Putting flesh on the skeleton of narrative
What happens to the self and the creative process following a major life event? One More Time With Feeling offers a moment to explore this, against the backdrop of Skeleton Tree, the sixteenth studio album from Nick Cave & the Bad Seeds. Addressing themes of narrative, loss, creativity and growing older, it is less music documentary and more carefully crafted and wonderfully absorbing performance piece.
In conversation, Cave and the director observe that narrative has always been important in the Bad Seeds body of work. In contrast, the material of Skeleton Tree has departed from this and embraced the message that life can refuse to adhere to a narrative that helps us make sense of events, and of ourselves. The cinematography shows us this, through repetitions, retakes, fractured moments and car journeys that seem to go nowhere. An overlayed narration of some of Cave’s thoughts hint at the ‘should haves’ and ‘how did I get heres’ that interrupt any sense of there being one single interpretation of our experiences. The music too play with rhythmic conventions, giving a sense that there is something that refuses to settle, particularly on the tracks, Jesus Alone, Anthrocene, and Girl in Amber.
For a long time, the event that is at the heart of this discontinuity is only ever alluded to. The film is in the end dedicated to the memory of Arthur Cave, Nick Cave’s young son who died in 2014. As his family gradually appears, we hear more overt reflection on the experience of bereavement, grief, and the challenge of making sense of things following such an abrupt loss. In a hopeful way, we see and hear about the processes of creativity and work as sources of keeping going, rediscovering continuity and sense of self. Never far from the tableaus of the film is that other source of coping: the humour shared between loved ones, colleagues, and in this case, the audience.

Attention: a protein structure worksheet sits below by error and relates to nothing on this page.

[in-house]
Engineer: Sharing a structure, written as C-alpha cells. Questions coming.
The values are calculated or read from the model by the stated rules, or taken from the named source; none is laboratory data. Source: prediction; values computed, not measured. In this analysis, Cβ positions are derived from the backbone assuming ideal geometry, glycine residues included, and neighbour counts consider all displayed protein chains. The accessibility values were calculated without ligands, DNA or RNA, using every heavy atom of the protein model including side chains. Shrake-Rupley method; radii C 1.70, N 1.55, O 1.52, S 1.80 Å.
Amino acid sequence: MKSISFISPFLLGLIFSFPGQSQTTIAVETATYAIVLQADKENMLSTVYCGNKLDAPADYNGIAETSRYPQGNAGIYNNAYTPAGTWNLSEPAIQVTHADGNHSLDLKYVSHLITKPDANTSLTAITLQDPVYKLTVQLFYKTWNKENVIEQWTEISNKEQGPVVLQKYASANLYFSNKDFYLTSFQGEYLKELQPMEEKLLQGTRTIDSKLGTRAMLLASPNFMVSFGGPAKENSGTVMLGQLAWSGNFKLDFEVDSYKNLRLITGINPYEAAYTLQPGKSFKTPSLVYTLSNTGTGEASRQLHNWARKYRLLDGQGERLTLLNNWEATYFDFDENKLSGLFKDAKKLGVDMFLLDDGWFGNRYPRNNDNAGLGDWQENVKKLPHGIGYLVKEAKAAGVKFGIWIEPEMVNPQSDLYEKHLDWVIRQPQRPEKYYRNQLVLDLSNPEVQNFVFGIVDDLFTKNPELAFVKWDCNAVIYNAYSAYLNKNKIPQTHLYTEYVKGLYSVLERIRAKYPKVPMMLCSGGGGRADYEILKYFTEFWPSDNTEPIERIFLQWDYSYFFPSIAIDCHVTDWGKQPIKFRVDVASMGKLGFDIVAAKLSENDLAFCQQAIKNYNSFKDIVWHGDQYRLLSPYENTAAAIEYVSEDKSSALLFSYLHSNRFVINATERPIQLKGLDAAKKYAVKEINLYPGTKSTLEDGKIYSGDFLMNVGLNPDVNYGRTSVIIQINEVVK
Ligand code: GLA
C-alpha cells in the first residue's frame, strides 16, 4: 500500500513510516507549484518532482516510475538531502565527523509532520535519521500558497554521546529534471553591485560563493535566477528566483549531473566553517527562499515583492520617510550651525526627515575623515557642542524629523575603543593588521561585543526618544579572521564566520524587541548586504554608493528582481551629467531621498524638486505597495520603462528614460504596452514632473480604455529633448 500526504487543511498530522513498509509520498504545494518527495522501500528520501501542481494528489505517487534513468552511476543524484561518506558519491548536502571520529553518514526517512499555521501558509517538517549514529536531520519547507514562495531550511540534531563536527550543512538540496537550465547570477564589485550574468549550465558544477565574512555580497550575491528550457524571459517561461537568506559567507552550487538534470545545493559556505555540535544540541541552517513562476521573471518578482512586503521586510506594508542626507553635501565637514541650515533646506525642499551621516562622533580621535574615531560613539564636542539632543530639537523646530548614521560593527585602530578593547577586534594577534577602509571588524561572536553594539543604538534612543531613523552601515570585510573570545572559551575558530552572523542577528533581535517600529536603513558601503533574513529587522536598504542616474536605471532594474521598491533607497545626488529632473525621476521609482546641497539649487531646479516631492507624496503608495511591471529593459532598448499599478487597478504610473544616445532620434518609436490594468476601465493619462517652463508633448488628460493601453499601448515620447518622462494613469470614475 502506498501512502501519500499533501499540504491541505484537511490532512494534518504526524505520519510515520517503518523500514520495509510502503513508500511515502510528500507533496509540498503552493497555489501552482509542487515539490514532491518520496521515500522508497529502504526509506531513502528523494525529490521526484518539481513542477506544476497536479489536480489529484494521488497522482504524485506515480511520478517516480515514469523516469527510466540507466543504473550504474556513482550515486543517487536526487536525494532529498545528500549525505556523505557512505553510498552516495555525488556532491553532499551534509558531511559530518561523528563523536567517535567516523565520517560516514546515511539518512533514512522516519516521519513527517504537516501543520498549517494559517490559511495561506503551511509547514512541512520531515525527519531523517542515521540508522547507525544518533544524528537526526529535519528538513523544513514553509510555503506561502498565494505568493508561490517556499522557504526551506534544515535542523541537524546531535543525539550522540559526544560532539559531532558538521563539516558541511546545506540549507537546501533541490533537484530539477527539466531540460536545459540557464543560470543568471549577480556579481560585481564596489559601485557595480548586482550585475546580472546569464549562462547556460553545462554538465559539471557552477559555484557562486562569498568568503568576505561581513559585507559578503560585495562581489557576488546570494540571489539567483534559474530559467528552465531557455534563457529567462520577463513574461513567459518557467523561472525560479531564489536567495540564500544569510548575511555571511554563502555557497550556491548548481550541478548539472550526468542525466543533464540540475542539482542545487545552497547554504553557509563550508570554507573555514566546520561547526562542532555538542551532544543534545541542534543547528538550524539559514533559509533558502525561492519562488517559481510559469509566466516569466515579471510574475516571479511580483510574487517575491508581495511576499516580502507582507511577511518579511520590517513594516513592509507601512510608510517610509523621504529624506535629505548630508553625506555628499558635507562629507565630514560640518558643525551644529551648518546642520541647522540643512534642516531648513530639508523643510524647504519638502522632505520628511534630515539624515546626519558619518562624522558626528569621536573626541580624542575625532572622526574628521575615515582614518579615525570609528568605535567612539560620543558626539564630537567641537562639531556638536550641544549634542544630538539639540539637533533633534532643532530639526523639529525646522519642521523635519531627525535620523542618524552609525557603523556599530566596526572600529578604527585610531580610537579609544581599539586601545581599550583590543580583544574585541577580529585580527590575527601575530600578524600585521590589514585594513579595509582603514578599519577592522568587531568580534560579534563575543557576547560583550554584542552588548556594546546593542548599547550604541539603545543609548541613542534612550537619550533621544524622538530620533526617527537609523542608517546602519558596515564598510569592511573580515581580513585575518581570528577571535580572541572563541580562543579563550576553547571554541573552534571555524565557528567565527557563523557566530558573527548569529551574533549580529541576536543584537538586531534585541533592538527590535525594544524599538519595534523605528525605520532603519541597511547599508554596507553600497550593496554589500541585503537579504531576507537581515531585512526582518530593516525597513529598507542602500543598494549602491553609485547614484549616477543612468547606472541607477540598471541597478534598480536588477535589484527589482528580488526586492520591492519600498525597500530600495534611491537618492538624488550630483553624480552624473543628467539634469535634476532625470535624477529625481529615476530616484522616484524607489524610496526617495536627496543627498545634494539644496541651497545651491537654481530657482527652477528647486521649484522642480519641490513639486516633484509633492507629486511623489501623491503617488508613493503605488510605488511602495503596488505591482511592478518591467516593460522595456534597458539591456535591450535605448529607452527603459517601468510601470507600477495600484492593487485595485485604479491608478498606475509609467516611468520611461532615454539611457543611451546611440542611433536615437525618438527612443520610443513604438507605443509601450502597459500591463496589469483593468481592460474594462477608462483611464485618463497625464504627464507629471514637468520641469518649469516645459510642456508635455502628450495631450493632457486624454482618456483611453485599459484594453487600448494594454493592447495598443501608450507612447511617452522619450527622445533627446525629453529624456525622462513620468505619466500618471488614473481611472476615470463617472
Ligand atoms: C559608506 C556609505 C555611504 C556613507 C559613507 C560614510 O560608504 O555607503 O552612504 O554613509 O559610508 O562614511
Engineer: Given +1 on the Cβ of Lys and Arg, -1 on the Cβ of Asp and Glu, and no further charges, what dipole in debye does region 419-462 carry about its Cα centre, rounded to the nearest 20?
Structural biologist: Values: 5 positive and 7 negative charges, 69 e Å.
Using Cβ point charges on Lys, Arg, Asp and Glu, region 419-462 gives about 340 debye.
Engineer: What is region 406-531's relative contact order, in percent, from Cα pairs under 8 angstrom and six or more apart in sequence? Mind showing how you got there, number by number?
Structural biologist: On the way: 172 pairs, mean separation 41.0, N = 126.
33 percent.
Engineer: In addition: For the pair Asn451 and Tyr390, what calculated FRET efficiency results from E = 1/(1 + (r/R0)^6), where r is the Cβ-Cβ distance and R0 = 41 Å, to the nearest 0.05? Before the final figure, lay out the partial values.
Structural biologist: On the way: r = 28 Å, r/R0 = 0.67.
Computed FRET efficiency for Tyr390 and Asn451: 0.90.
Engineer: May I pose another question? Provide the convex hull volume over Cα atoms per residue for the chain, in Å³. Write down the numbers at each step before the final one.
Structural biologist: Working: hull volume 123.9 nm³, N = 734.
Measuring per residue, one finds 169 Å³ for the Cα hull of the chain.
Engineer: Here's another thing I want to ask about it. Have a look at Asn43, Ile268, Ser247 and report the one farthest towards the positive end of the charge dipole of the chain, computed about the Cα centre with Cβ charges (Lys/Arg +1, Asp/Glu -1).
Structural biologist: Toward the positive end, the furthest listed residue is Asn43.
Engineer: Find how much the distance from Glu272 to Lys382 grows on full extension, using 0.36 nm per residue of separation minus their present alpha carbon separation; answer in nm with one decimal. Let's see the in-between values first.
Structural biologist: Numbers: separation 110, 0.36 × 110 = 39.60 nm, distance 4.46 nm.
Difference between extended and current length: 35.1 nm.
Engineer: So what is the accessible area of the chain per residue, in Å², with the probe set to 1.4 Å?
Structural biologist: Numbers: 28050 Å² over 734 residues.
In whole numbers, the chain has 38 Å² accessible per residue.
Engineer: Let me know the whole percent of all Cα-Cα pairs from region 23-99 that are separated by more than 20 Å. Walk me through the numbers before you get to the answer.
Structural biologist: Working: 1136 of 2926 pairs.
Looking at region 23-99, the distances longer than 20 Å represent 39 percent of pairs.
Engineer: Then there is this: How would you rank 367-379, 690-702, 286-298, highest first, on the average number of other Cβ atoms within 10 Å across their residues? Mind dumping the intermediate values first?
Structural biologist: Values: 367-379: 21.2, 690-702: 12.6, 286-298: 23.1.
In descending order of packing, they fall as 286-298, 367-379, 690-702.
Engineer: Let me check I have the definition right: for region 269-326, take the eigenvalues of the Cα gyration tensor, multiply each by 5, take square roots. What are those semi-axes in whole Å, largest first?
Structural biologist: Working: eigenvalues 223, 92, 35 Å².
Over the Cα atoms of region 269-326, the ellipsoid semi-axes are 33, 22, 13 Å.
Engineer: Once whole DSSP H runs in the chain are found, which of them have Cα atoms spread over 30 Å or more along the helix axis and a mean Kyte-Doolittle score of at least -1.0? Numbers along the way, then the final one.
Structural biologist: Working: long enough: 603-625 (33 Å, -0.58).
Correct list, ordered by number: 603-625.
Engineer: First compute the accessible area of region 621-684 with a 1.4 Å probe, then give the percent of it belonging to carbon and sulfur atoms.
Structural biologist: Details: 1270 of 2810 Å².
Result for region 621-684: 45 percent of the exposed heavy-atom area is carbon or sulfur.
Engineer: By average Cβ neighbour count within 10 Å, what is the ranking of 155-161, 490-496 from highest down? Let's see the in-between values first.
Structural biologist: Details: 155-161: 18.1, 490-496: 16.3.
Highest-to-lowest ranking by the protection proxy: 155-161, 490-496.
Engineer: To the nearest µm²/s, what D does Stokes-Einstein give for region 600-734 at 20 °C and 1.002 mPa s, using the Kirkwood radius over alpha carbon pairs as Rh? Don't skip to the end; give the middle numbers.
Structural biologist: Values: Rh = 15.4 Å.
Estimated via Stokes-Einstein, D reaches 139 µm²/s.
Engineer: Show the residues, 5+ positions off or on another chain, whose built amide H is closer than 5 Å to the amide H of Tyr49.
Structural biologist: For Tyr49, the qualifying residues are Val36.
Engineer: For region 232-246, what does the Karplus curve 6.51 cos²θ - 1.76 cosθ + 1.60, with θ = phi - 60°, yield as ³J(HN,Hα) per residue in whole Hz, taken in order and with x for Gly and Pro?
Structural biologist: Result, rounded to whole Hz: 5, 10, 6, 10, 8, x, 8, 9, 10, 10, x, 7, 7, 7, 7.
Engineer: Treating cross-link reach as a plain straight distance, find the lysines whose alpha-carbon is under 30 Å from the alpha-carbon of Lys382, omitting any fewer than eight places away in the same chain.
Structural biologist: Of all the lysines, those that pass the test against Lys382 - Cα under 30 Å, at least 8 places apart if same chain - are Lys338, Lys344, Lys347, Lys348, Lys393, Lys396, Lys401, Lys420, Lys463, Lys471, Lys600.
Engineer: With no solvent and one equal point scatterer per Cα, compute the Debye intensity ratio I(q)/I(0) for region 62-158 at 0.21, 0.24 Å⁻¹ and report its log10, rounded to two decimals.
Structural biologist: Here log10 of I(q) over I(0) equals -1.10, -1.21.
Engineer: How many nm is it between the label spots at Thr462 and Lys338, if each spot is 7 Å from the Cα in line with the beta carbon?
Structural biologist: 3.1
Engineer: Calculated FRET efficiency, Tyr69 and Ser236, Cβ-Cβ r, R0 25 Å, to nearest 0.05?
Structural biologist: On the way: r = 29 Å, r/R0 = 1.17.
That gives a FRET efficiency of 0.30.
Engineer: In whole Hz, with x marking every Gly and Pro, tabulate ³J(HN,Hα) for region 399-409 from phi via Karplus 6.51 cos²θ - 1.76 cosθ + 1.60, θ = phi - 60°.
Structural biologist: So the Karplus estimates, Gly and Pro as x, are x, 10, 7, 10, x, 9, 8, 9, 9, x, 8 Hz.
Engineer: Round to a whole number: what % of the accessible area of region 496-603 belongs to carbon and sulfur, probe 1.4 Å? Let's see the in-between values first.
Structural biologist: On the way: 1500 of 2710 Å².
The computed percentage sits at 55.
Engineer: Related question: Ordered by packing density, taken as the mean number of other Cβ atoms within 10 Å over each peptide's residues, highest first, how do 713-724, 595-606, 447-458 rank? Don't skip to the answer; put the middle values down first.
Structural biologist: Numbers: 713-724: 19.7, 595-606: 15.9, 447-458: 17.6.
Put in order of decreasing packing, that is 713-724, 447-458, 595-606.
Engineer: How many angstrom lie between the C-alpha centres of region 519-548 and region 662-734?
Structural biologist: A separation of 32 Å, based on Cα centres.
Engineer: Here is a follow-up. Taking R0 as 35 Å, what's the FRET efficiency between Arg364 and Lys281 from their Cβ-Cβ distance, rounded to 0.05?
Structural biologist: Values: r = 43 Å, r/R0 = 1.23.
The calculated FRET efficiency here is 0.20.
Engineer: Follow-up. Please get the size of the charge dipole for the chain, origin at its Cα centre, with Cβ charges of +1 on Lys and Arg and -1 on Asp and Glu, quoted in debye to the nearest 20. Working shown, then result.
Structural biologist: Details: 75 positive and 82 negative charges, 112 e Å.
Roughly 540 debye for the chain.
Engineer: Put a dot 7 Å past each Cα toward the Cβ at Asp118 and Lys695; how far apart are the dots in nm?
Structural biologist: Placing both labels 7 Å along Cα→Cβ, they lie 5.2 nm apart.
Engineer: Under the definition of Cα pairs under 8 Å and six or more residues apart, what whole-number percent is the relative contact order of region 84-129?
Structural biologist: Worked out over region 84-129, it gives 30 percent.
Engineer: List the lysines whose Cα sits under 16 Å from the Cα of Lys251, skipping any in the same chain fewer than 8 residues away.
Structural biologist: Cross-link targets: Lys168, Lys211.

As the film draws to a close, Cave notes that he cannot offer take home messages, platitudes or a comfortable ‘rounding off’ of his experiences at this time. He still finds that his understanding of who he is shifts and rearranges. Instead he steers us towards some of the power of being with our littleness in the world, and ultimately of compassion. He and his loved ones are choosing to be kind – to one another, to oneself, even, as they note, to the film’s director. While the penultimate track Distant Sky echoed something of a healing process, it is the refrain of the final track Skeleton Tree that reflects the hope of moving onward through self-compassion.
The experience of Once More With Feeling, and indeed the Skeleton Tree album, won’t be for everyone, but this film was valuable for the central role that it gave to the hard work that we all do creating our own meanings and making sense of our own narratives. Furthermore, it managed to do this with what I felt was a hopeful rather than a bleak nod to the fragility therein.
- Review by Dr Fiona McBryde, Chartered Educational Psychologist.
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